In order to properly design aerospace systems (conventional airplanes, V/STOL vehicles, space vehicles, etc.) the engineer must consider the vertical structure of the horizontal wind during the launch and landing phases of flight. One way do this is with vertical two-point wind differences (wind shear). In turbulent flows like those found near the ground, wind shear is composed a steady-state part associated with the mean wind profile and a fluctuating part produced by atmospheric turbulence. Mean wind profile theory can be used to specify the steady-state wind shear; however, the fluctuating part is a stochastic process which can only be specified statistically. This paper discusses some recent measurements of third and fourth moments of vertical differences (shears) of longitudinal velocity fluctuations obtained in unstable air at the NASA 150 m meteorological lower site at Cape Kennedy, Fla. Each set of measurements consisted of longitudinal velocity fluctuation time histories obtained at the 18, 30, 60, 90, 120 and 150 m levels, so that 15 wind-shear time histories were obtained from each set of measurements.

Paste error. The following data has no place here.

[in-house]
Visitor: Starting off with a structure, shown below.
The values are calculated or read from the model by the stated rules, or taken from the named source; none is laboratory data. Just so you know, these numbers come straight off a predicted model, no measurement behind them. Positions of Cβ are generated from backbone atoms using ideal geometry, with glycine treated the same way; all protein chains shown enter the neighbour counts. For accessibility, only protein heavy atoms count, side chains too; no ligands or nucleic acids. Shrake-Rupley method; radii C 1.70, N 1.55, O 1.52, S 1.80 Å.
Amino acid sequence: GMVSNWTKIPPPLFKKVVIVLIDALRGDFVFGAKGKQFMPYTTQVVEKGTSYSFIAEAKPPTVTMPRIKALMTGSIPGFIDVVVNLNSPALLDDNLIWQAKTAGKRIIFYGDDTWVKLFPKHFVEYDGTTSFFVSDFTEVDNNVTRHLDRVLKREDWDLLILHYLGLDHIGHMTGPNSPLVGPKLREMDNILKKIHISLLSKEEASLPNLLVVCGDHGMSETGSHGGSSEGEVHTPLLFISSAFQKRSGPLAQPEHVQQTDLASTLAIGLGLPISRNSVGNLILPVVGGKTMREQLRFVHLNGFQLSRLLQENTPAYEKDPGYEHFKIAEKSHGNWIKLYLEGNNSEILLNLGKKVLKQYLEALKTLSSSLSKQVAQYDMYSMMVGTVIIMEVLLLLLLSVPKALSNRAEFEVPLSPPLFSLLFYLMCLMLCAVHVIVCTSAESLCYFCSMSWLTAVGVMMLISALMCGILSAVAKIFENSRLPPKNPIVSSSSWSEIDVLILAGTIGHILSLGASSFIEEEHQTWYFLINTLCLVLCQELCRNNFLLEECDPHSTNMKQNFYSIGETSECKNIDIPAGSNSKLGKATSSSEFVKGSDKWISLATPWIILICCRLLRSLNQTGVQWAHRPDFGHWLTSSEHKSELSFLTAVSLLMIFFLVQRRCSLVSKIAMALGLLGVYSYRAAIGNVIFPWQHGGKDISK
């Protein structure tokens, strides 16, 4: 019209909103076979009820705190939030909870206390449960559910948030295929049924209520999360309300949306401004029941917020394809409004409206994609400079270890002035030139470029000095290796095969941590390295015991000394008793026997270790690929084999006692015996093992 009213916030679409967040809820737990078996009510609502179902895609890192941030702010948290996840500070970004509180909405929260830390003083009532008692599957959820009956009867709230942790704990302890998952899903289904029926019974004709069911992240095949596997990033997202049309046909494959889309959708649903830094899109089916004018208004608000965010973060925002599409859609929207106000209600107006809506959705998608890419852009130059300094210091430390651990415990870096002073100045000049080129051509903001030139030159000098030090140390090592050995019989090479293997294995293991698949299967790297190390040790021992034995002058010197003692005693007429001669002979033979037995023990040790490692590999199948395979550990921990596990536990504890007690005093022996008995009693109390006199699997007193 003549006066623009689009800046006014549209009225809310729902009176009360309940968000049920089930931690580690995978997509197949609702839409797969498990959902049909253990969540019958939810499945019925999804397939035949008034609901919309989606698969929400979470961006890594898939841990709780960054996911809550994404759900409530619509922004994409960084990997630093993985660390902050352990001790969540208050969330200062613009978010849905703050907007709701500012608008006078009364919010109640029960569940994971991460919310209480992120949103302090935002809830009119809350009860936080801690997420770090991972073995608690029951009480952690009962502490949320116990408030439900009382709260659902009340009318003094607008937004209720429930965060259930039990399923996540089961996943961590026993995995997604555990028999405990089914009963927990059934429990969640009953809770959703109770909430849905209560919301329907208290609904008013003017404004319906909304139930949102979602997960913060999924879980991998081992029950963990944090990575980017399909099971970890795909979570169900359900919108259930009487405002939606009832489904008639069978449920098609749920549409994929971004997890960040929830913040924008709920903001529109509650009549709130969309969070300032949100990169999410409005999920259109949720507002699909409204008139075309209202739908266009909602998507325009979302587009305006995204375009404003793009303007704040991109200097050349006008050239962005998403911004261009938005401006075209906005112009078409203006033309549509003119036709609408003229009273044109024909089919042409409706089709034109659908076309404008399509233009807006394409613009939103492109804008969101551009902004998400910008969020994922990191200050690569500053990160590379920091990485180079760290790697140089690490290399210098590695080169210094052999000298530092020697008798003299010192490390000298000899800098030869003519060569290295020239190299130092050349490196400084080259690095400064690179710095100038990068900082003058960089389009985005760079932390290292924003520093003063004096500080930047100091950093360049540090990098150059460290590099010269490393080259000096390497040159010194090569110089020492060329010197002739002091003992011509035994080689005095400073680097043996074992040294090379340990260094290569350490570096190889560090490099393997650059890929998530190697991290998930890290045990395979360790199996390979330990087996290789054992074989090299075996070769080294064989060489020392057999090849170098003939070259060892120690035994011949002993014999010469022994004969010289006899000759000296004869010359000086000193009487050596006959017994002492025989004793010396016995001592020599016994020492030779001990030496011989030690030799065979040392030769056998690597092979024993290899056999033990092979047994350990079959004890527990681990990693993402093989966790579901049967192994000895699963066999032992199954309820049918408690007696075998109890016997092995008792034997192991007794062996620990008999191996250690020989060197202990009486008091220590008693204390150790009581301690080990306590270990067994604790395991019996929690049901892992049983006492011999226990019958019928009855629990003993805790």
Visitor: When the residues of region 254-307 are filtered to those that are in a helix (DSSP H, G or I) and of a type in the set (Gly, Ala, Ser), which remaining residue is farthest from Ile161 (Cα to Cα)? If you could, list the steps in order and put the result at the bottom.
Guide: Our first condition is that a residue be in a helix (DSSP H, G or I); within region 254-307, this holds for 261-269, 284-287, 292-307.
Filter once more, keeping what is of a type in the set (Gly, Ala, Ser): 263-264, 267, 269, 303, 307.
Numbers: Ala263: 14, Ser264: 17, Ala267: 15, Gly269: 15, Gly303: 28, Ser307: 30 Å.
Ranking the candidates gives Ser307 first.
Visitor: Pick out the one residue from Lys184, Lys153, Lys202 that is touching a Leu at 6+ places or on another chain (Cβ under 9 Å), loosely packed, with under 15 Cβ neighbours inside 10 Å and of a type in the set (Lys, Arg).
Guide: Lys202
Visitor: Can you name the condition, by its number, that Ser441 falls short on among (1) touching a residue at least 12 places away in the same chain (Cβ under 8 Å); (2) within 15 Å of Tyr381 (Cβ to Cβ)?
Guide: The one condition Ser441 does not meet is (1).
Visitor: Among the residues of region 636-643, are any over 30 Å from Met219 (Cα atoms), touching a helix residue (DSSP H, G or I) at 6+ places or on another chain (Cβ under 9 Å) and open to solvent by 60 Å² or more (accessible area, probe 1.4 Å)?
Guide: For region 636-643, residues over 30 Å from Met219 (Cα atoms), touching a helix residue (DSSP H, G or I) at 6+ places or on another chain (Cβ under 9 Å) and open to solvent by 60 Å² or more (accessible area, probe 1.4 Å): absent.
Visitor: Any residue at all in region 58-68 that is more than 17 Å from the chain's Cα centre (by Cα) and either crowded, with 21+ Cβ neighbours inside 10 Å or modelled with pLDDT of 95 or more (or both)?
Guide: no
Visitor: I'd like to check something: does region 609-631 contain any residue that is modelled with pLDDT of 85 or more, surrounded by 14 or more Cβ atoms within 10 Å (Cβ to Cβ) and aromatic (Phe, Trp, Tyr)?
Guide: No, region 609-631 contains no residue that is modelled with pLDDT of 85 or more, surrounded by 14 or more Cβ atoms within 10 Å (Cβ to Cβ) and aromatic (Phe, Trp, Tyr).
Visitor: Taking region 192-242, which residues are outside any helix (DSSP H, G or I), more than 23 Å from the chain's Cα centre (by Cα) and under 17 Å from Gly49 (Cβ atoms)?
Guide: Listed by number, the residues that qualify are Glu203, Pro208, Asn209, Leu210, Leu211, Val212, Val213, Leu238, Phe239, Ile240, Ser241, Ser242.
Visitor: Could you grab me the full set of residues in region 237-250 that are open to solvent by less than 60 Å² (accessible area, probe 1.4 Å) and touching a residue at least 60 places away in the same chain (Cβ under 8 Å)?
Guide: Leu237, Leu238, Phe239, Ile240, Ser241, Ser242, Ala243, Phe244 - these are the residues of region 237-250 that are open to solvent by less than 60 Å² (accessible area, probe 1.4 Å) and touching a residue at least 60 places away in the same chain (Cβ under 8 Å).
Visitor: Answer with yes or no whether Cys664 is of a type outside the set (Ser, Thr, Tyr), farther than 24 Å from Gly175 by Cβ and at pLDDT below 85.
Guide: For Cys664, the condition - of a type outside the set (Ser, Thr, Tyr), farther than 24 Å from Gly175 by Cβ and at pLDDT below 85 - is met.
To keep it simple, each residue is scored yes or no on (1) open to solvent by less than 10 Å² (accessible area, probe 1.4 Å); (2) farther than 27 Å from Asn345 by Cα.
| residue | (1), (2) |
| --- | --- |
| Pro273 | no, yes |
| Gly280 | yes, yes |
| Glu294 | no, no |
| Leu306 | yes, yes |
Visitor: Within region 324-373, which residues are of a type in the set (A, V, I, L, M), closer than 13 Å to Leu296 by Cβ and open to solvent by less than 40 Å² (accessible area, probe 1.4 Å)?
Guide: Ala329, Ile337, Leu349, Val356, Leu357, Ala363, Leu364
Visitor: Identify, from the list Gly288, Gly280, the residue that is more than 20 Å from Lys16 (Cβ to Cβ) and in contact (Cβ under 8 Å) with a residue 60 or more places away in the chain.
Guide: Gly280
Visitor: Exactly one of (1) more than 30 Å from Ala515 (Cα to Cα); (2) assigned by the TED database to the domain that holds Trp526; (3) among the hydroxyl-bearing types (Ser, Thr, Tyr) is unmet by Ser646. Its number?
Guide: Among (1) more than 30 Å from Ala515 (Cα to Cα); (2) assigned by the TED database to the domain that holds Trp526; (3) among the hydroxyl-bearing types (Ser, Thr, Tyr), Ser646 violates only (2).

It appears that standardized third and forth moments S and K of wind shear are universal functions of Δz/ and /L0, where Δ is the vertical distance between the two points over which the wind difference is calculated, the height of the mid-point of Δz above natural grade, and L0 the surface Monin-Obukhov stability length. As Δz/z̄ → 2, K → 3, S → 0, and S > 0, K > 3 for Δz/ < 2. Thus, it appears that the joint distribution function of the longitudinal wind fluctuations at two levels is not bivariate Gaussian and that it can only be approximated with a Gaussian distribution for sufficiently large value of Δz/. The kurtosis K appears to be independent of /L0. However, the skewness S seems to experience a rather abrupt transition at /L0∼O(−1). The implications of these and other results relative to the design and operation of aerospace vehicles are discussed.

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